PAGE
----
As I noted yesterday, while most Americans were celebrating the military success that killed the most wanted terrorist in Iraq, Abu Musab al Zarqawi, there were still some in the media trying to spin the development in a negative light. That trend continued on the CBS "Evening News" with Bob Schieffer last evening. In one segment, Schieffer interviewed two critics of the war in Iraq, New York Times columnist Tom Friedman and CBS News Analyst Michael Scheuer. Scheuer had also appeared earlier in the day on "The Early Show."
Schieffer focused on Friedman first, inquiring what Friedman thought about the development:
"How important is this?"
Friedman noted that Zarqawi was the "all star of all stars of terrorism" and that he won’t be easily replaced, but it’s only one day of good news after "so many unremitting days of bad news." Well who creates these unremitting days of bad news? Could it be the media in their quest to cling to every piece of bad news coming out of Iraq while ignoring anything positive?
Schieffer went on to cue up Friedman, quoting something he wrote and inquiring whether Zarqawi’s death would alter it:
Bob Schieffer: "You wrote the other day that this is moving from being an insurgency into just anarchy."
Tom Friedman: "Absolutely."
Bob Schieffer: "Will that change now?"
Schieffer accepts the claim that Iraq is turning into anarchy. What about questions about Iraq’s Prime Minister, Nouri al Maliki, completing the formation of his government by naming ministers of defense and the interior. What impact will this news combined with the death of Zarqawi have? Do these events together provide some momentum for the Iraqi government going forward?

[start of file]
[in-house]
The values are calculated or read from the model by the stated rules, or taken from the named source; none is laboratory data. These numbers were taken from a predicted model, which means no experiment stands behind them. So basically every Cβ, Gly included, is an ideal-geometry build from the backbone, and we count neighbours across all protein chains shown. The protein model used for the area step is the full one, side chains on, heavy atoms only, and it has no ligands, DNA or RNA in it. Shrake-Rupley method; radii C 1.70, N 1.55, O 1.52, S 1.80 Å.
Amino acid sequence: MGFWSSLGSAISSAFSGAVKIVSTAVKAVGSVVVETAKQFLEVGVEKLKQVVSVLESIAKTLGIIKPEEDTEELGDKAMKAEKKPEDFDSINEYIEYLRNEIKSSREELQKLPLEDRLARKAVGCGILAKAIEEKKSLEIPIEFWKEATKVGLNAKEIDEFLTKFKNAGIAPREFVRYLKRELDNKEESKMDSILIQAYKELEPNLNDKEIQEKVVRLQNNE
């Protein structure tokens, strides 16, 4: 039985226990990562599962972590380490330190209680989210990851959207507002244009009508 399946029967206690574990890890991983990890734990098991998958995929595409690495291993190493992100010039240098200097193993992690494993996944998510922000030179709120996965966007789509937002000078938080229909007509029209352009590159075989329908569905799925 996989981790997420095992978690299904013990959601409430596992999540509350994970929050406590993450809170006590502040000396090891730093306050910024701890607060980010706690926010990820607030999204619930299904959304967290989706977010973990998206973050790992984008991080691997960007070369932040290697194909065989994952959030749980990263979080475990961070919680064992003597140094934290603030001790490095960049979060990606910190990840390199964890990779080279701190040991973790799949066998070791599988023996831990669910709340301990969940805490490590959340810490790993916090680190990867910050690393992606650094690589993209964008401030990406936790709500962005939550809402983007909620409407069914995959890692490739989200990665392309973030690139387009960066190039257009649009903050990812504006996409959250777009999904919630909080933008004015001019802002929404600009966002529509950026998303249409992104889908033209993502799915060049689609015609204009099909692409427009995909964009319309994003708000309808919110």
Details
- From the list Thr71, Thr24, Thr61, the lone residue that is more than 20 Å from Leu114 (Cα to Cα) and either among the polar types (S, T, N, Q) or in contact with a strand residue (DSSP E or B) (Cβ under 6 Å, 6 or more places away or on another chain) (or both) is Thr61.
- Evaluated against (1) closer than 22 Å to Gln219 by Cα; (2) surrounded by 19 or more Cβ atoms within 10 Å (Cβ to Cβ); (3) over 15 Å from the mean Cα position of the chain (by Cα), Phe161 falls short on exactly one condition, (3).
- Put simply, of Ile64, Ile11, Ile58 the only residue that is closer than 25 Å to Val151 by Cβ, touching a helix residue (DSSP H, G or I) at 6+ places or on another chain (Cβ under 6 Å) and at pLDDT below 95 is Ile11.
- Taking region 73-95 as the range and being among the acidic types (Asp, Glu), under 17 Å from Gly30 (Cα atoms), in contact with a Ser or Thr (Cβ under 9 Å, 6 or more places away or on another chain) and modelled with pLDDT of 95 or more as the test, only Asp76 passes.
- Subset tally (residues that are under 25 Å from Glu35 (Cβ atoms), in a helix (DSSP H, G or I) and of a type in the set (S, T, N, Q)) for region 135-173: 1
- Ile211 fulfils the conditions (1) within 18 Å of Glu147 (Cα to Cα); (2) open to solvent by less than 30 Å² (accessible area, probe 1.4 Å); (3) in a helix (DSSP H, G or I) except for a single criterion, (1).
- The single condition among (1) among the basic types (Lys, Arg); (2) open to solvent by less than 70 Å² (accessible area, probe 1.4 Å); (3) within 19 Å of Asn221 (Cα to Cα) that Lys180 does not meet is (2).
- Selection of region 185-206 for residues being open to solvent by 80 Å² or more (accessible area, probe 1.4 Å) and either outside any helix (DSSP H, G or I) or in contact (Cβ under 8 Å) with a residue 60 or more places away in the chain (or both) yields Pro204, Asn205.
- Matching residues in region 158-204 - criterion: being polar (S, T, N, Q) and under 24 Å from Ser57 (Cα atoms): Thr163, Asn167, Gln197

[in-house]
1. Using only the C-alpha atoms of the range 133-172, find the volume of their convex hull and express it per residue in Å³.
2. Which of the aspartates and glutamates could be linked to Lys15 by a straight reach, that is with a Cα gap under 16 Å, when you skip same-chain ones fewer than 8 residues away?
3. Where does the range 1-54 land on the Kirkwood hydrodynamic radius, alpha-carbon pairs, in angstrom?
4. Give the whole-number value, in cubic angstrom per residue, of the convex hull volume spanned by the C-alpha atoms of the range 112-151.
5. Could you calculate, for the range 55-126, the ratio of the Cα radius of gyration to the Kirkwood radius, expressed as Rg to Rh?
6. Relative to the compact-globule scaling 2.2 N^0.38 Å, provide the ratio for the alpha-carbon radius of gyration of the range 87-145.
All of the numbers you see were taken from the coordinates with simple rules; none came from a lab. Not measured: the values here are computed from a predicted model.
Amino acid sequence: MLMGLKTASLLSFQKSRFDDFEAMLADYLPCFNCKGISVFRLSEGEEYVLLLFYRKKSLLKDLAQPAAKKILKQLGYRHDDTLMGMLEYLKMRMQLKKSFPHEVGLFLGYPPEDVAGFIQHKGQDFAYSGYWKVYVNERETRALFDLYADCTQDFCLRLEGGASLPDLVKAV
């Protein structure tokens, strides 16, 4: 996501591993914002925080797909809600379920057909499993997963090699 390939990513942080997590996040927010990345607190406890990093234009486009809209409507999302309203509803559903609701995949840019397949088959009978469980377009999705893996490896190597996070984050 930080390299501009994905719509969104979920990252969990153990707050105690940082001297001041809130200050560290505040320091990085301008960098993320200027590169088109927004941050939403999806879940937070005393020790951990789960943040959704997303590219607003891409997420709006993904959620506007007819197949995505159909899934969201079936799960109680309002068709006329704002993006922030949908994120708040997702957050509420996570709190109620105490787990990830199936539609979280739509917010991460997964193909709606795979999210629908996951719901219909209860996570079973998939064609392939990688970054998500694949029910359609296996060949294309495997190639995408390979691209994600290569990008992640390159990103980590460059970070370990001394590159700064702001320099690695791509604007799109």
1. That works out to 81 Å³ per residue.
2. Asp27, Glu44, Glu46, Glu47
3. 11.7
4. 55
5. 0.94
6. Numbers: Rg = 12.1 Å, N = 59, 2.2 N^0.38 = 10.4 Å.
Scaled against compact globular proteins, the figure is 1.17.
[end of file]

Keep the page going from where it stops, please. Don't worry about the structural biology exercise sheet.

After Schieffer completed lobbing his softballs to Tom Friedman, he turned his attention to CBS News analyst Michael Scheuer. Scheuer had been on "The Early Show" earlier in the day where he tried to spin Zarqawi’s death as being good for al Qaeda and bad for America. Scheuer made some of his same points, claiming:
" Zarqawi was really off the reservation for al Qaeda in terms of his willingness or eagerness to fight Shias. And with him out of the way, I suspect the next al Qaeda leader in Iraq will focus more on American forces and the Iraqi government than actually just fighting against the Shia."
Again, Schieffer asks no tough questions. With Zarqawi’s death, could it not provide an opportunity to for coalition forces and the Iraqi security forces to go after Zarqawi’s loyalists while they are reeling from this news? Instead Schieffer weakly followed up:
"What do you think the real significance of all this is, Michael."
Scheuer took the opportunity to minimize the accomplishment:
"Any day you can kill Abu Musab al Zarqawi is a good day for Americans, sir, but in the long run, I think, it’s a great tactical victory. Strategically, it’s not very important..."
Not very important strategically? Zarqawi had become a symbol of fear for the Iraqi people. He was a brutal thug and the main cheerleader for civil war in Iraq. For success to be possible in Iraq, it was strategically vital that he be removed from the picture. Yet, again, no such follow up questions from Bob Schieffer, just a simple "thank you." Unfortunately, things probably won’t get any better when he retires, as his replacement is also a booster for liberals.